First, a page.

Italy ought to beware Henderson’s ‘mutant strength’ — Trimble

The young Ulster forward is keen to prove he is much more than just an impact sub.

Image: Morgan Treacy/INPHO

PETER O’MAHONY HAS been one of Ireland’s players of the Championship through three games of this year’s Six Nations, but few will be too concerned that a hamstring injury has forced Joe Schmidt to keep him sidelined for Saturday’s Test against Italy.

There is one very large reason for that, Iain Henderson.

6′ 6″ and weighing in somewhere north of 18 stone, the adaptable Ulster forward is a completely different player to the Munster flanker; a man torn between operating at second row and blindside with carrying and tackling among his main attributes above clinical breakdown interventions.

However, with a level of physicality that really doesn’t suit his tender years (and baby face), nobody among the Ireland squad will be fretting over the safety of the incoming number six.

“He’s the man-child,” says Henderson’s Ulster teammate Andrew Trimble, “he’s got mutant strength for a 22-year-old and he’s still got to fill out.

“He’s already unbelievable, and at this stage he’s already pretty influential when he gets his hands on the ball. He’s gonna make an impact on Saturday, definitely.”

Henderson is keen to shake off the tag of ‘impact sub’ that his physicality and footwork has earned him and this weekend represents his latest foot-in-the-door opportunity.

Two weeks on from his 22nd birthday, he can look back at a Six Nations campaign where he began as the team’s 24th man, but was granted opportunities to shine at the expense of the injured or ill –  Paul O’Connell, Dan Tuohy and, now, O’Mahony.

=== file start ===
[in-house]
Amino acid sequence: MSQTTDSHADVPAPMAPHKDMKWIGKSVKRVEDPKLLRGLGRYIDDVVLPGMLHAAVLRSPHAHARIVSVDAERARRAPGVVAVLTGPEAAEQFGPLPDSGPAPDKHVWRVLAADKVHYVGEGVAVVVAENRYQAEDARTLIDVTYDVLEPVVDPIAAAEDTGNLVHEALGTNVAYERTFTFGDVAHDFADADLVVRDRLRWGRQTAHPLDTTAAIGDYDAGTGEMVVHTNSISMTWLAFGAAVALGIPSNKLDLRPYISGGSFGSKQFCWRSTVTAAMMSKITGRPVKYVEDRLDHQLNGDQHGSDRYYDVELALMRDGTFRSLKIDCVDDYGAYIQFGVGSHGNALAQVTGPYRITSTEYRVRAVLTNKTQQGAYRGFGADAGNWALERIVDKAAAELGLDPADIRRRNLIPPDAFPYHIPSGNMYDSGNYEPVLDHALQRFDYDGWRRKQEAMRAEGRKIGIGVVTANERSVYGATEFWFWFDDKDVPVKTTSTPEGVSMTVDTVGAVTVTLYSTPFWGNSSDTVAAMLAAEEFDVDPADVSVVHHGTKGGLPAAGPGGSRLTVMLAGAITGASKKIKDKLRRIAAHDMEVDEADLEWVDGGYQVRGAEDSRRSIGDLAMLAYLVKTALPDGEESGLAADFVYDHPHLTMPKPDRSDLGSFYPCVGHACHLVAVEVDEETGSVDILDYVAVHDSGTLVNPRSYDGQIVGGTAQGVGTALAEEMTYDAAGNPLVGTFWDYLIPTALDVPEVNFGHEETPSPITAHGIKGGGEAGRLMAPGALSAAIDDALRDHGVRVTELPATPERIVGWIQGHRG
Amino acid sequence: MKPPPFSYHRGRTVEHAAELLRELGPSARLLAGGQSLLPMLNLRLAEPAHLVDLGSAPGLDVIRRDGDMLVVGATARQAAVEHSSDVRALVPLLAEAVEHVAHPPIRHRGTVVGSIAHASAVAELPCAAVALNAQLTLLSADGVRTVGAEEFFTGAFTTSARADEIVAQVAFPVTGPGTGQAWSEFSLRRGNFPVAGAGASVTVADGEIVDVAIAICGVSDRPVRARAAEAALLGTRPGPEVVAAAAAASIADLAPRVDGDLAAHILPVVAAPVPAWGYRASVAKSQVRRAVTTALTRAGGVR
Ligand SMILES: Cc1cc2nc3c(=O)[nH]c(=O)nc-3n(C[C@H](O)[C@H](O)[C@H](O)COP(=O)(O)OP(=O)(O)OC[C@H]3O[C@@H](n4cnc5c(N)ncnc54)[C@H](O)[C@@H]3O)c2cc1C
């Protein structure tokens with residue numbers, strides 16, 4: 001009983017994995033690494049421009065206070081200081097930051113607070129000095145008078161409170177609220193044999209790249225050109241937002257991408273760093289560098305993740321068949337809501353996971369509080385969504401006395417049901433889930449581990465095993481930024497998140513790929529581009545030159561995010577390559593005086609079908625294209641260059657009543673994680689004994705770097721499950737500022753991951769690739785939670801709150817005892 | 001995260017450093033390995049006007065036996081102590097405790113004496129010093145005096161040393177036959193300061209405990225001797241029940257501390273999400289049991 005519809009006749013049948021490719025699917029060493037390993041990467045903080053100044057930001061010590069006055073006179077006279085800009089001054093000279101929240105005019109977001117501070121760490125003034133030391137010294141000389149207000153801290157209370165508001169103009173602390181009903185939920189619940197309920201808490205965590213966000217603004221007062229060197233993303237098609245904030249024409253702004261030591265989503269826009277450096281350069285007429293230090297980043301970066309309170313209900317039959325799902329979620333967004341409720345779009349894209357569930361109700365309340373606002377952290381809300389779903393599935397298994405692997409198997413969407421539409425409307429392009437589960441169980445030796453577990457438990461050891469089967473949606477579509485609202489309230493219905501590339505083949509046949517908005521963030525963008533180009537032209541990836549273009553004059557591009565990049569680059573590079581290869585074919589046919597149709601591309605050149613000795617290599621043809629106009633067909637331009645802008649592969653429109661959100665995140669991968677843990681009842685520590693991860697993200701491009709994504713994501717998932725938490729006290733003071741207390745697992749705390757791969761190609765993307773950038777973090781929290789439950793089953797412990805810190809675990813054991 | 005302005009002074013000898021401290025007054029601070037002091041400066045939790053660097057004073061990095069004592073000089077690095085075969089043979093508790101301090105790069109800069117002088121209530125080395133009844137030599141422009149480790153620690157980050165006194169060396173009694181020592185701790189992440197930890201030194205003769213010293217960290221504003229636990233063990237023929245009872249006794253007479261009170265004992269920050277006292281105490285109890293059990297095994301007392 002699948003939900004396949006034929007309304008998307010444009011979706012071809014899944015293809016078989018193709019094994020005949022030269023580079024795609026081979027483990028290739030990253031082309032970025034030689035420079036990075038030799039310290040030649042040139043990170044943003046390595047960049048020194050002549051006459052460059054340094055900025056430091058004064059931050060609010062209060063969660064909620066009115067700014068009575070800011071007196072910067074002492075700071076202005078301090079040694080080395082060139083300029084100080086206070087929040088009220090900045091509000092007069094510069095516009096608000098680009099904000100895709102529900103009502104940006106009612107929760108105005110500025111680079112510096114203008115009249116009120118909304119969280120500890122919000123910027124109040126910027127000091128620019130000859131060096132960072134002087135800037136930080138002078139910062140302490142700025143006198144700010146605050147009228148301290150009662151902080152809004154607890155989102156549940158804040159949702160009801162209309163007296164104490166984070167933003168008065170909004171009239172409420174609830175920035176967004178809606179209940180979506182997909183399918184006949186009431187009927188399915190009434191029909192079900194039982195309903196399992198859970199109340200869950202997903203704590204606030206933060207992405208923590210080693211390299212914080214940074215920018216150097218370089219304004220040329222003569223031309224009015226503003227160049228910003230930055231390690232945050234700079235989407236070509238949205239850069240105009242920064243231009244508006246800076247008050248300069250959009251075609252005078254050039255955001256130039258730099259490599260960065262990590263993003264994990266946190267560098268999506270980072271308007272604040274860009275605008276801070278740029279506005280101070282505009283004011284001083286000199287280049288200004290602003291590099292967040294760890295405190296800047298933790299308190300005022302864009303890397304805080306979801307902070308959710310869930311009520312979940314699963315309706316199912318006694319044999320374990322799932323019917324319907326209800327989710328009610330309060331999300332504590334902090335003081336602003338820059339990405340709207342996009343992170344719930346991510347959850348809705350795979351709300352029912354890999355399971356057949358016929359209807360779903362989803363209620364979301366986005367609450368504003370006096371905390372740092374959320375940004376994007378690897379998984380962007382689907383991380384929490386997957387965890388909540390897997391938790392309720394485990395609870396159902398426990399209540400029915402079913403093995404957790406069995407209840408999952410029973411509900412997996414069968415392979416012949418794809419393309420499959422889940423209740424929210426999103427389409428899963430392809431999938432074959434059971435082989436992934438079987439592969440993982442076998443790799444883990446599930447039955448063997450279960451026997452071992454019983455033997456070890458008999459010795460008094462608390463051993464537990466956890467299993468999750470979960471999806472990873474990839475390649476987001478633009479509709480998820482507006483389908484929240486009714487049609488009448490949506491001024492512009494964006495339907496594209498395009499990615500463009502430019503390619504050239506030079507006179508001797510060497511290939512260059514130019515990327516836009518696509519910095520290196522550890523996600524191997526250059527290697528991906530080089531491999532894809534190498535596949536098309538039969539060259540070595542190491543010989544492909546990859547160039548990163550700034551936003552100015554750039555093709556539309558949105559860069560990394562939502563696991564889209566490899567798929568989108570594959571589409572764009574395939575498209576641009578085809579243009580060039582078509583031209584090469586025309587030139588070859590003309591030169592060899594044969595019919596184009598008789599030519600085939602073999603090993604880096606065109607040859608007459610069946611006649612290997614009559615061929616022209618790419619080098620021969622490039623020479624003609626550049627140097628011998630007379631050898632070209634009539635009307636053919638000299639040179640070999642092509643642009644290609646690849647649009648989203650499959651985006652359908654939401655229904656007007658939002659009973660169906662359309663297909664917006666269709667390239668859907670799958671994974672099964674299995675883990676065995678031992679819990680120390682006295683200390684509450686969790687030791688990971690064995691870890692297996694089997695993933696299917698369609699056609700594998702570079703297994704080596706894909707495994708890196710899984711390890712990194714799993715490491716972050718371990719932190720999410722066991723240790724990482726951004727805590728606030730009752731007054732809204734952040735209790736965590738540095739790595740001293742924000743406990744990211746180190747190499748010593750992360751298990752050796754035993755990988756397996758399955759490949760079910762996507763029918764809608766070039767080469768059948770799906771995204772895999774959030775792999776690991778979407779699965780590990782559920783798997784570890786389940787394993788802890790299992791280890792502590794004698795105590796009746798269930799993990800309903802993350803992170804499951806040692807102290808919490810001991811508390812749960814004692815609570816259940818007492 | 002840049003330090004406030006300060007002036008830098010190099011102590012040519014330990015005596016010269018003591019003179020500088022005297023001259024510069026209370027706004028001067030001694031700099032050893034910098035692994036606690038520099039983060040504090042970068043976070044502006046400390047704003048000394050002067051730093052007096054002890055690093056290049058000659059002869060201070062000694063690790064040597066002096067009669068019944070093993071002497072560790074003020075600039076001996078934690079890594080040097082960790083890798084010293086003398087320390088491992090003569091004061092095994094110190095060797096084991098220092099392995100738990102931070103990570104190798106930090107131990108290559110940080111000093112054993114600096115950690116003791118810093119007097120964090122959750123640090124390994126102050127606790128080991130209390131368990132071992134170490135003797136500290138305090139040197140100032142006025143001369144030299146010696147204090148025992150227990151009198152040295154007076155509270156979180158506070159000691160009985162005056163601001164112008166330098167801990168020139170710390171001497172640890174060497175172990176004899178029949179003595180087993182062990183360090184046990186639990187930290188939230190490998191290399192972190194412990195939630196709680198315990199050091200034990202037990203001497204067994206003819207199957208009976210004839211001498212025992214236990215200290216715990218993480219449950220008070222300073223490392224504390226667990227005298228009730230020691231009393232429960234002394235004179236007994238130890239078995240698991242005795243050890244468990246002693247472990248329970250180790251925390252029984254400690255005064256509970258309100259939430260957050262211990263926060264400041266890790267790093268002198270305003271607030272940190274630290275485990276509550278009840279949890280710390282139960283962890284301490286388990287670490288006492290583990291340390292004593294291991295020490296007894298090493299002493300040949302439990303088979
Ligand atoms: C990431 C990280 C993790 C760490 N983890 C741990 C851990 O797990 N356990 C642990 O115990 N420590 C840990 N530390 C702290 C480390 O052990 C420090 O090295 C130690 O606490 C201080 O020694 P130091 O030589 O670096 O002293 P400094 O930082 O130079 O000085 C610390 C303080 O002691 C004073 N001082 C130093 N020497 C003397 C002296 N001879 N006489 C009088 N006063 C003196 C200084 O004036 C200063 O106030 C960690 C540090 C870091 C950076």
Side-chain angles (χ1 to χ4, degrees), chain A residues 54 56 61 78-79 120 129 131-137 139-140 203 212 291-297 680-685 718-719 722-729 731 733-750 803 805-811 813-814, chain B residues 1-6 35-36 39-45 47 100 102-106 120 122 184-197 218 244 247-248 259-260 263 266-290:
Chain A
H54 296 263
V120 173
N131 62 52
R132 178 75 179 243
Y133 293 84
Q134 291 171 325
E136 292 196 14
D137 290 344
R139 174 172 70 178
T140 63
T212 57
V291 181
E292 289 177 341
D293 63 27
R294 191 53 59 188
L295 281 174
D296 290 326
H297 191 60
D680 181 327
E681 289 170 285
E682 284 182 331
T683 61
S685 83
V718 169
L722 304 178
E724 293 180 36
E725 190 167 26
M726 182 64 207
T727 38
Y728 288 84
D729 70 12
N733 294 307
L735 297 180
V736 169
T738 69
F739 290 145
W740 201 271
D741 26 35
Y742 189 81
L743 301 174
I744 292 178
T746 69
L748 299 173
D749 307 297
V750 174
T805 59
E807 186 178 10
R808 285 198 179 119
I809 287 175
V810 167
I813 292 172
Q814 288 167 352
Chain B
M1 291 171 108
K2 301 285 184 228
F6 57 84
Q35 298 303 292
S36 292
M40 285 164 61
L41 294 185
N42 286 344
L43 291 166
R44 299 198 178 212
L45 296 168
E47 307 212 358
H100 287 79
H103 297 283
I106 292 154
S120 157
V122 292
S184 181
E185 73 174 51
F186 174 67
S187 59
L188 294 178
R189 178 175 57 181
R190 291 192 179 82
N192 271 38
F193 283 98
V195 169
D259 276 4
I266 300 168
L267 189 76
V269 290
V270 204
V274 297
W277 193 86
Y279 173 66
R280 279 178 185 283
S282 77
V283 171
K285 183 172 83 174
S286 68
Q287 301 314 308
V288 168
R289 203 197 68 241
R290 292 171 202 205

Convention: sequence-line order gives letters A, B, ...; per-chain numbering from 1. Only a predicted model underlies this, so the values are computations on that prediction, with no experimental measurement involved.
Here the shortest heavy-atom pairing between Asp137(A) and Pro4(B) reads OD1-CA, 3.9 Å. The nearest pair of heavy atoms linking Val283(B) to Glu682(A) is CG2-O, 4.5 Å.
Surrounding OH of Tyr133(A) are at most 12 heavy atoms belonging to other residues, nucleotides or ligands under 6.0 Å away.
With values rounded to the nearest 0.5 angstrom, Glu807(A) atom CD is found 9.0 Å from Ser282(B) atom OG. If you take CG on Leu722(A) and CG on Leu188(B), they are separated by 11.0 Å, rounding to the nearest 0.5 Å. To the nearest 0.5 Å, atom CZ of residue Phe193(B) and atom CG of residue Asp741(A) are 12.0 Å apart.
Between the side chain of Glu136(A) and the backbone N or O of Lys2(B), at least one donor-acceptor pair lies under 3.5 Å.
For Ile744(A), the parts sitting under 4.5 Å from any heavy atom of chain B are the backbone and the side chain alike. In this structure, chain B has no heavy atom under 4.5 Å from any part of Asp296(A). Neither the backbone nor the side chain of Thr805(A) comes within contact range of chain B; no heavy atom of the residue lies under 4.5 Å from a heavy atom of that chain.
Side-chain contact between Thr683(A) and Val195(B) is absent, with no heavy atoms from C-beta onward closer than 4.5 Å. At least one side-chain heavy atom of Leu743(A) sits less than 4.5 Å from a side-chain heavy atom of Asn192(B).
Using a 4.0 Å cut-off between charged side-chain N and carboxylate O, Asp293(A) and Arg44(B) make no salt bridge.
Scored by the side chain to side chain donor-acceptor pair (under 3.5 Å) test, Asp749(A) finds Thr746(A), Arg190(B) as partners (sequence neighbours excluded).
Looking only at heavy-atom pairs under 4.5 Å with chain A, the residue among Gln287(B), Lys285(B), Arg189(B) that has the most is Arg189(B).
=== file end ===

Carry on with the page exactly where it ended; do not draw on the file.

“Iain takes everything in his stride. I’ve never seen him unbelievably happy and I’ve never seen him unbelievably disappointed. He’s just steady. I’ve never really seen a lot of emotion out of him.

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That composure is certainly appreciated by Joe Schmidt, says Trimble and the details driven coach has apparently only sought a higher work-rate from the technically sound Henderson.

“He just gets on and does the job,” Trimble adds, “coming from training; the way Joe gets on with him, he seems to be someone that Joe likes a lot. It’s easy to appreciate all the stuff he brings to the game.”

Speaking to after winning his first starting berth since the tour of North America last summer, Henderson was calm, the team announcement long since settled in:

“I’m absolutely loving it – it was my aim at the start of the season to try and work into the squad. Unfortunately I was injured [for November], that was disappointing. Then I had to work to try to get myself back fit for the Six Nations selection.

“Unfortunately for Paulie, he was sick in the first match and I ended up getting a bench jersey there and then Dan Tuohy broke his arm, my opportunity’s come and I’m gonna take it.”

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